Pictures taken by “Caesar”, a Syrian military police photographer who defected and secretly documented regime abuses were also used as evidence against Raslan.
They included disturbing images of the bodies of 110 dead inmates removed from al-Khatib prison.
A German forensic expert testified that 55 showed evidence of blunt force injuries, while others appeared to have starved to death.
“More than 10 years after the violations were committed in Syria, the German court’s verdict is a long-awaited beacon of hope that justice can and will in the end prevail,” said Balkees Jarrah, associate international justice director at Human Rights Watch.
“Other countries should follow Germany’s lead, and actively bolster efforts to prosecute serious crimes in Syria.”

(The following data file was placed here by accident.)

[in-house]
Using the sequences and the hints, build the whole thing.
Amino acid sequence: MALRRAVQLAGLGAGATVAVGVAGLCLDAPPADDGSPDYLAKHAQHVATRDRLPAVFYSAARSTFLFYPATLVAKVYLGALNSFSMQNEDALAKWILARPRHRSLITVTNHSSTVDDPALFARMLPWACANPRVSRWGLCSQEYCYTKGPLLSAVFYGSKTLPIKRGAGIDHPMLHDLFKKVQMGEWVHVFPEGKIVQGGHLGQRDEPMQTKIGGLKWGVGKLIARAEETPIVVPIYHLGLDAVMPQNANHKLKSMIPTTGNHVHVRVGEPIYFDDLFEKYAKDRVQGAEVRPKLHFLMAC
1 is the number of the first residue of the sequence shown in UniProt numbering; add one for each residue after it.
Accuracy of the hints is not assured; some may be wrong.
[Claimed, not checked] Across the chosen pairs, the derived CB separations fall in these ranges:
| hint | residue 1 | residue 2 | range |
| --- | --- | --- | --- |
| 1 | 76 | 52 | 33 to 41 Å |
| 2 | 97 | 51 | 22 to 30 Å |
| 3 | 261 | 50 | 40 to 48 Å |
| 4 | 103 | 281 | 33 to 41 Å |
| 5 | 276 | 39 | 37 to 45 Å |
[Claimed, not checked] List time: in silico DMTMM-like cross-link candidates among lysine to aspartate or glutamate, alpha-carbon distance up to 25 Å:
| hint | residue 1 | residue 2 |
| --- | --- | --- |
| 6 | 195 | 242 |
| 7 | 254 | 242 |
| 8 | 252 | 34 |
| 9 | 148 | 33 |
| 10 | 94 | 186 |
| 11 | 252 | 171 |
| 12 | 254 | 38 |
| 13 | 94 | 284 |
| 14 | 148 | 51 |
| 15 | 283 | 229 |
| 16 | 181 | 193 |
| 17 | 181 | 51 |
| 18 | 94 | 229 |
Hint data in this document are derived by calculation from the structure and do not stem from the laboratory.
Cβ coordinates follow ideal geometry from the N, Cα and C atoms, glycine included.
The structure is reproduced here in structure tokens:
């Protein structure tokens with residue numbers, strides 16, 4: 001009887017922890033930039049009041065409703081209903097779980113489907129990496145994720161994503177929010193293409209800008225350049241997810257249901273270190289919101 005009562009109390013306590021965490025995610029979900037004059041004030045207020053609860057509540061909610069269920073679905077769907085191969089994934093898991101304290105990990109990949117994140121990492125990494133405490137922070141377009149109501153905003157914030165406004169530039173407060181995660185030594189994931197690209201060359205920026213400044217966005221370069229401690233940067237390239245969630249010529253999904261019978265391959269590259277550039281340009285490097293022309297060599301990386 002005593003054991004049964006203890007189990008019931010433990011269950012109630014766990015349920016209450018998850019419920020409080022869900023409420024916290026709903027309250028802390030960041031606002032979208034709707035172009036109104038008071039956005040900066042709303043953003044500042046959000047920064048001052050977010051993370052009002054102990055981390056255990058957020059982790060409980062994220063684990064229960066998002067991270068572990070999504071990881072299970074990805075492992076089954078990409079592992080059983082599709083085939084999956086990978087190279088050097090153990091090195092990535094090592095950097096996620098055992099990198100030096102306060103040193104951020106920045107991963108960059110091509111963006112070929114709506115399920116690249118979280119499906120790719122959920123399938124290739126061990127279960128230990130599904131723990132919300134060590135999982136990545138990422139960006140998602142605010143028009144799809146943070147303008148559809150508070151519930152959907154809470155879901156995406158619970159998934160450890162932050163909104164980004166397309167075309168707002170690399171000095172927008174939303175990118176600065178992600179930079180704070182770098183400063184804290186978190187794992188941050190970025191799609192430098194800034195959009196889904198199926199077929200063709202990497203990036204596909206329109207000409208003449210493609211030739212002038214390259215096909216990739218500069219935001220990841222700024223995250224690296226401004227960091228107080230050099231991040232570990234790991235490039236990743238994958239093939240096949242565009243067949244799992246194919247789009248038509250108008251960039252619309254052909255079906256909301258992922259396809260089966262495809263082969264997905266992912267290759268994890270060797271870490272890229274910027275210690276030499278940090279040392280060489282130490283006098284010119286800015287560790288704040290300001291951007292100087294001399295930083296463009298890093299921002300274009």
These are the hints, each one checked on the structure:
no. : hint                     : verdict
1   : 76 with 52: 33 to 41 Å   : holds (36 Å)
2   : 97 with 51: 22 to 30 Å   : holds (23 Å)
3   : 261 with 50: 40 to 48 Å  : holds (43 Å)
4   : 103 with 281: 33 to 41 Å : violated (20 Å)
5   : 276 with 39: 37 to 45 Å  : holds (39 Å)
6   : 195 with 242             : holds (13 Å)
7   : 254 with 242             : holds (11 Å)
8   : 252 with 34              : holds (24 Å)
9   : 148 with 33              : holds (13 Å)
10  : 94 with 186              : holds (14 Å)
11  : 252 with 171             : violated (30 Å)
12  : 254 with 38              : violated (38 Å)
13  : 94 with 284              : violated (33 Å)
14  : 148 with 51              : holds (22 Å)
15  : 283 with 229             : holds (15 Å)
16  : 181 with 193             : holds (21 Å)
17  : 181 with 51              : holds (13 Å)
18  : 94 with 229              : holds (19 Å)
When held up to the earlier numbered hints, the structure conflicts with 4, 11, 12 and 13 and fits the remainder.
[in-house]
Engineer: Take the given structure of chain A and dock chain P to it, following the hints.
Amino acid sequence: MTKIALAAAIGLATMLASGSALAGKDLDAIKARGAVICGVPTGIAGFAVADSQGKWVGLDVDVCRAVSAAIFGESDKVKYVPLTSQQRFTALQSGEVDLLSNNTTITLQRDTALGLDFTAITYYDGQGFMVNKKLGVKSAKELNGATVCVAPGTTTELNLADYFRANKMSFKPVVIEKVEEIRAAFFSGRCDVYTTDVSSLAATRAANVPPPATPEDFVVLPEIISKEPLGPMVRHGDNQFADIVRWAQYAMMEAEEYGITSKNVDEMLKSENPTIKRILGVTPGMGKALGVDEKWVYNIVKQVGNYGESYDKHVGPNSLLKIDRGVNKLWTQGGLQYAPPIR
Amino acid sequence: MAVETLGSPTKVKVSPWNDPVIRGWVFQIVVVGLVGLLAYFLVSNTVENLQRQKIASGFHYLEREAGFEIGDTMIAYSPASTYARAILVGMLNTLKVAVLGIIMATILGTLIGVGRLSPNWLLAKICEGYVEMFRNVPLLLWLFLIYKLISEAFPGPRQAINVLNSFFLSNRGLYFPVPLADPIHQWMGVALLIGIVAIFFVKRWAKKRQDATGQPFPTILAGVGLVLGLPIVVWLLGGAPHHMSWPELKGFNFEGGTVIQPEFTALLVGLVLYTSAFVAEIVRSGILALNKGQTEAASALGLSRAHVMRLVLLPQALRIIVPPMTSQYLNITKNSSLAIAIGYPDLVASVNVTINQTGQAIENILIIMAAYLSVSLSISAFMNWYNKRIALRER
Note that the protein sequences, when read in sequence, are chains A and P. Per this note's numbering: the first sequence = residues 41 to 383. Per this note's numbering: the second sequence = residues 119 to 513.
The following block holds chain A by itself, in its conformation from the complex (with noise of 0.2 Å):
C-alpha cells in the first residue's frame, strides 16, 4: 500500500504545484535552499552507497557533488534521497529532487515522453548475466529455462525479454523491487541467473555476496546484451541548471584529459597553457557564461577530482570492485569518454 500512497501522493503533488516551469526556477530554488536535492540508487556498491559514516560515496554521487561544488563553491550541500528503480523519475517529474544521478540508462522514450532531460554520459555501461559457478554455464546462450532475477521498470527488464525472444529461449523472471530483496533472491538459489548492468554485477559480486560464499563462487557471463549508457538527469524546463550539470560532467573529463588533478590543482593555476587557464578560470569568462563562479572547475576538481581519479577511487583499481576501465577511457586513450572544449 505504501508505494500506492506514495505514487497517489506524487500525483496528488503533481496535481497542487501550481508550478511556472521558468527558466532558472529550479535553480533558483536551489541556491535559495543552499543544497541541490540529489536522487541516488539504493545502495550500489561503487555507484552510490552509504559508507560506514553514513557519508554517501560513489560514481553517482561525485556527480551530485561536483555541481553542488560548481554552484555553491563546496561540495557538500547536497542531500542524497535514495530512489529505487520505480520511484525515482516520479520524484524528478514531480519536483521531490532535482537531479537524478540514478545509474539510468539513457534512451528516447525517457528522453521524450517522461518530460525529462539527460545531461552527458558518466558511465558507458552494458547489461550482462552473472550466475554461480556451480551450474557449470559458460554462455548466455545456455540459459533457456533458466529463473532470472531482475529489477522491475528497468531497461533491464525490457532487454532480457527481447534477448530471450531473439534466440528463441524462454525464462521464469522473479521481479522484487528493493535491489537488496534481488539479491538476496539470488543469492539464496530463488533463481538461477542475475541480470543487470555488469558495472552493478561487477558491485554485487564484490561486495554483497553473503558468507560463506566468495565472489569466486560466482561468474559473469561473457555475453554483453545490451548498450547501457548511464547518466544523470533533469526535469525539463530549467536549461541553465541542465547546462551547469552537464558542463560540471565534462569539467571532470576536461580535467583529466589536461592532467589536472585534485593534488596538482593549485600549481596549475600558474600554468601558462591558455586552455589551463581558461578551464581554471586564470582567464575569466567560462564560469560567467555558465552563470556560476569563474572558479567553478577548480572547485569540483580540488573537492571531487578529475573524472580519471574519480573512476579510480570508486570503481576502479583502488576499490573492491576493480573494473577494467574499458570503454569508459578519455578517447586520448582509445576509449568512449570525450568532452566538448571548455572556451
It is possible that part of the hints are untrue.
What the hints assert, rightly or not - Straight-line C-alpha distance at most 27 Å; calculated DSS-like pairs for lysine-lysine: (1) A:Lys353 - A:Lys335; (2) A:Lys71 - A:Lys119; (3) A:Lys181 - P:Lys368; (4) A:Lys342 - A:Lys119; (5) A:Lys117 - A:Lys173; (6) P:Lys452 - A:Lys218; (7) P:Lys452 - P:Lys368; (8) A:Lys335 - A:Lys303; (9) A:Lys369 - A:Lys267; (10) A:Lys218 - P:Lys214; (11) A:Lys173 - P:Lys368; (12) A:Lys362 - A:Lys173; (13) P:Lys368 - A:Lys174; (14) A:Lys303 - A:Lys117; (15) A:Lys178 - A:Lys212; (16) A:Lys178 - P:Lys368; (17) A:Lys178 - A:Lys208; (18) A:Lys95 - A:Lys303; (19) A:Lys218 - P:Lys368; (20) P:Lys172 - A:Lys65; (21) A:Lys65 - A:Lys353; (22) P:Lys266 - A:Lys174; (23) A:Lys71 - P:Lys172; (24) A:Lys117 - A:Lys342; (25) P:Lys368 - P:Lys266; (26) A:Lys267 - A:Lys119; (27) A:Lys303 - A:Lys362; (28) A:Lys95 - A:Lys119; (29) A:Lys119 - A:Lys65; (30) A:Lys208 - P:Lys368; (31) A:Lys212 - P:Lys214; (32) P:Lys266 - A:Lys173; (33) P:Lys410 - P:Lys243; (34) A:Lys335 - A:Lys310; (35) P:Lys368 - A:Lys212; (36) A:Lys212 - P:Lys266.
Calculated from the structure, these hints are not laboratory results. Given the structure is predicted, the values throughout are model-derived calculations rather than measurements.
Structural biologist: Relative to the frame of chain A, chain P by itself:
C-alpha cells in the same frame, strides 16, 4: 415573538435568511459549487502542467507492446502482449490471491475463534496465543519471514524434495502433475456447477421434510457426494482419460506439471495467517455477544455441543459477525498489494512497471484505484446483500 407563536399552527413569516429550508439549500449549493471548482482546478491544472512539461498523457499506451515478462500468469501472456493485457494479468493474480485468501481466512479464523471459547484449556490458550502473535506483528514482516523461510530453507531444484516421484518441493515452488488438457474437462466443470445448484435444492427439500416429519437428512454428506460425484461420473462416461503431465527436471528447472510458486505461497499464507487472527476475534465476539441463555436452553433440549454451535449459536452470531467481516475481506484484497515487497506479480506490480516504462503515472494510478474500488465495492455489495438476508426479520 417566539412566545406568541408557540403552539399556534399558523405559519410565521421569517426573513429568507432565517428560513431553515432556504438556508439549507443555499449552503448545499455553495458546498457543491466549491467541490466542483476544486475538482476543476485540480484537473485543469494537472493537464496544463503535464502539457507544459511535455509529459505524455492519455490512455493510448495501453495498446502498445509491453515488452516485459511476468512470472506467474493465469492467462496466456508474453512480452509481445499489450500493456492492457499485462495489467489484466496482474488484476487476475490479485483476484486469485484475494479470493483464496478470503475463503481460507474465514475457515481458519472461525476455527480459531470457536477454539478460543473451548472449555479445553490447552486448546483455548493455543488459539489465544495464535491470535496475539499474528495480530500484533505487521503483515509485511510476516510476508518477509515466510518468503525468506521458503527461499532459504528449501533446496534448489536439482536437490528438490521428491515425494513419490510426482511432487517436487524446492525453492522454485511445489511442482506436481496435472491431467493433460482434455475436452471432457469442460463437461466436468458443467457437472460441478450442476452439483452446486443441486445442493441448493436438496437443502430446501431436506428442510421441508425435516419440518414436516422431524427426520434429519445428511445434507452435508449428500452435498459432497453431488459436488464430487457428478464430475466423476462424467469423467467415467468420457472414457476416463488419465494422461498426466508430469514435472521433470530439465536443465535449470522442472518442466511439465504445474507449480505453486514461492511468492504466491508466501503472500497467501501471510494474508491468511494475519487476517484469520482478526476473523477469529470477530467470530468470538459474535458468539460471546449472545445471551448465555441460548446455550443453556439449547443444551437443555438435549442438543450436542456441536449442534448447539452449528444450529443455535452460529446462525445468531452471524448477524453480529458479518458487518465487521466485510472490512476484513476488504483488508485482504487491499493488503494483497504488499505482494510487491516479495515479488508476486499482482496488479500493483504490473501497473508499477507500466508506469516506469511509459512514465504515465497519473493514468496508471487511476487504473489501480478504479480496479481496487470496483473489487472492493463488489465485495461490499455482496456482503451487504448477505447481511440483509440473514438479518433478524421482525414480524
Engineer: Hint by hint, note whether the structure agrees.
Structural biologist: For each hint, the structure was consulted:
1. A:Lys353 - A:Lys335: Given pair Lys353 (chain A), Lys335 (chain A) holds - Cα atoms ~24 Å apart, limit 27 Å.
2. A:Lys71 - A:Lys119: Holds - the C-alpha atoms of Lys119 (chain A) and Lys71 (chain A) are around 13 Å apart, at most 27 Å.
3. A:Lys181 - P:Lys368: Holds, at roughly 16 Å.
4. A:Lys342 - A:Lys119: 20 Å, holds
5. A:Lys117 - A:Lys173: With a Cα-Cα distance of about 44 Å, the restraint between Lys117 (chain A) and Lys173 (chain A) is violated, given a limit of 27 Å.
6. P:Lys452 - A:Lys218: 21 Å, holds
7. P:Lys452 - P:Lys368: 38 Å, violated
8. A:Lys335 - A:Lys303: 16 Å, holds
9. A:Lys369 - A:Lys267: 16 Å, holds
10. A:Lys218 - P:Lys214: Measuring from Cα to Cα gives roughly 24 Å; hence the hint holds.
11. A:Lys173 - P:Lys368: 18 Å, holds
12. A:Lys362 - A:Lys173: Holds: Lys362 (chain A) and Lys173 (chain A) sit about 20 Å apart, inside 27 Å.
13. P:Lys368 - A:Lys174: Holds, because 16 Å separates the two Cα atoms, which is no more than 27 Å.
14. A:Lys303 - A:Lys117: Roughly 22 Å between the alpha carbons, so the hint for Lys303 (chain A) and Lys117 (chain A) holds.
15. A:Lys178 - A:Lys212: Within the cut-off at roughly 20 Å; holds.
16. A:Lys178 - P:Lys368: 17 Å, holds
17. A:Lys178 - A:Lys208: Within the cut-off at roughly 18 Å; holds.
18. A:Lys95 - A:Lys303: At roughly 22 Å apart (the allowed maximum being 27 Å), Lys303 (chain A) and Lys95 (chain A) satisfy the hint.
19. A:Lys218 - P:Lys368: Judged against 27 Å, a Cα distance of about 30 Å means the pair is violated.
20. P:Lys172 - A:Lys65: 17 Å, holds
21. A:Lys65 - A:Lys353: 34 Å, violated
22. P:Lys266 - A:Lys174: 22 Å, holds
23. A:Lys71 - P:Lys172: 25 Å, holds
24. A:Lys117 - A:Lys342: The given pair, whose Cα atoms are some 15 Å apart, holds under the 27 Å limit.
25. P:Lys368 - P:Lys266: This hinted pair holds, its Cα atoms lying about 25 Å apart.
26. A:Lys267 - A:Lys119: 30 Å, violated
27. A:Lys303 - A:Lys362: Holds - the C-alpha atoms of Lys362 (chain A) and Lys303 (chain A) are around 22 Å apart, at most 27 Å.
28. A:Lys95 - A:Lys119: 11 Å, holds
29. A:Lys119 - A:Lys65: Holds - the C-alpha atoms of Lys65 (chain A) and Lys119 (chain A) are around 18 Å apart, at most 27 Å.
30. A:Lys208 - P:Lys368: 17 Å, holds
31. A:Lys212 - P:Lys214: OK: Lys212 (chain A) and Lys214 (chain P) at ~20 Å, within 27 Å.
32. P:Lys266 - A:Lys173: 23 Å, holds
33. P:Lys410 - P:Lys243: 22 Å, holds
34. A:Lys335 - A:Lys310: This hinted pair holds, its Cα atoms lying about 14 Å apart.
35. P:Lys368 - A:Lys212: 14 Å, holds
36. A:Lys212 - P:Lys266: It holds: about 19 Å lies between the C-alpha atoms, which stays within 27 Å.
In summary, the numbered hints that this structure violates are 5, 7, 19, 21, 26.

The conviction of Raslan is the latest in a series of decisions by the German courts to hold perpetrators to account over the crimes in Syria and Iraq in recent months.
Eyad al-Gharib, a junior intelligence officer who served under Raslan, was convicted of aiding and abetting crimes against humanity and sentenced to four and a half years as part of the same trial last year.
Taha al-Jumailly, a former member of Islamic State, was found guilty of genocide against the Yazidi people and sentenced to life in prison last November for crimes including the murder of a five-year-old girl he chained in the sun to die of thirst.
Al-Jumailly’s German former wife, Jennifer Wenisch, was found guilty of aiding and abetting the girl’s murder and sentenced to ten years in prison.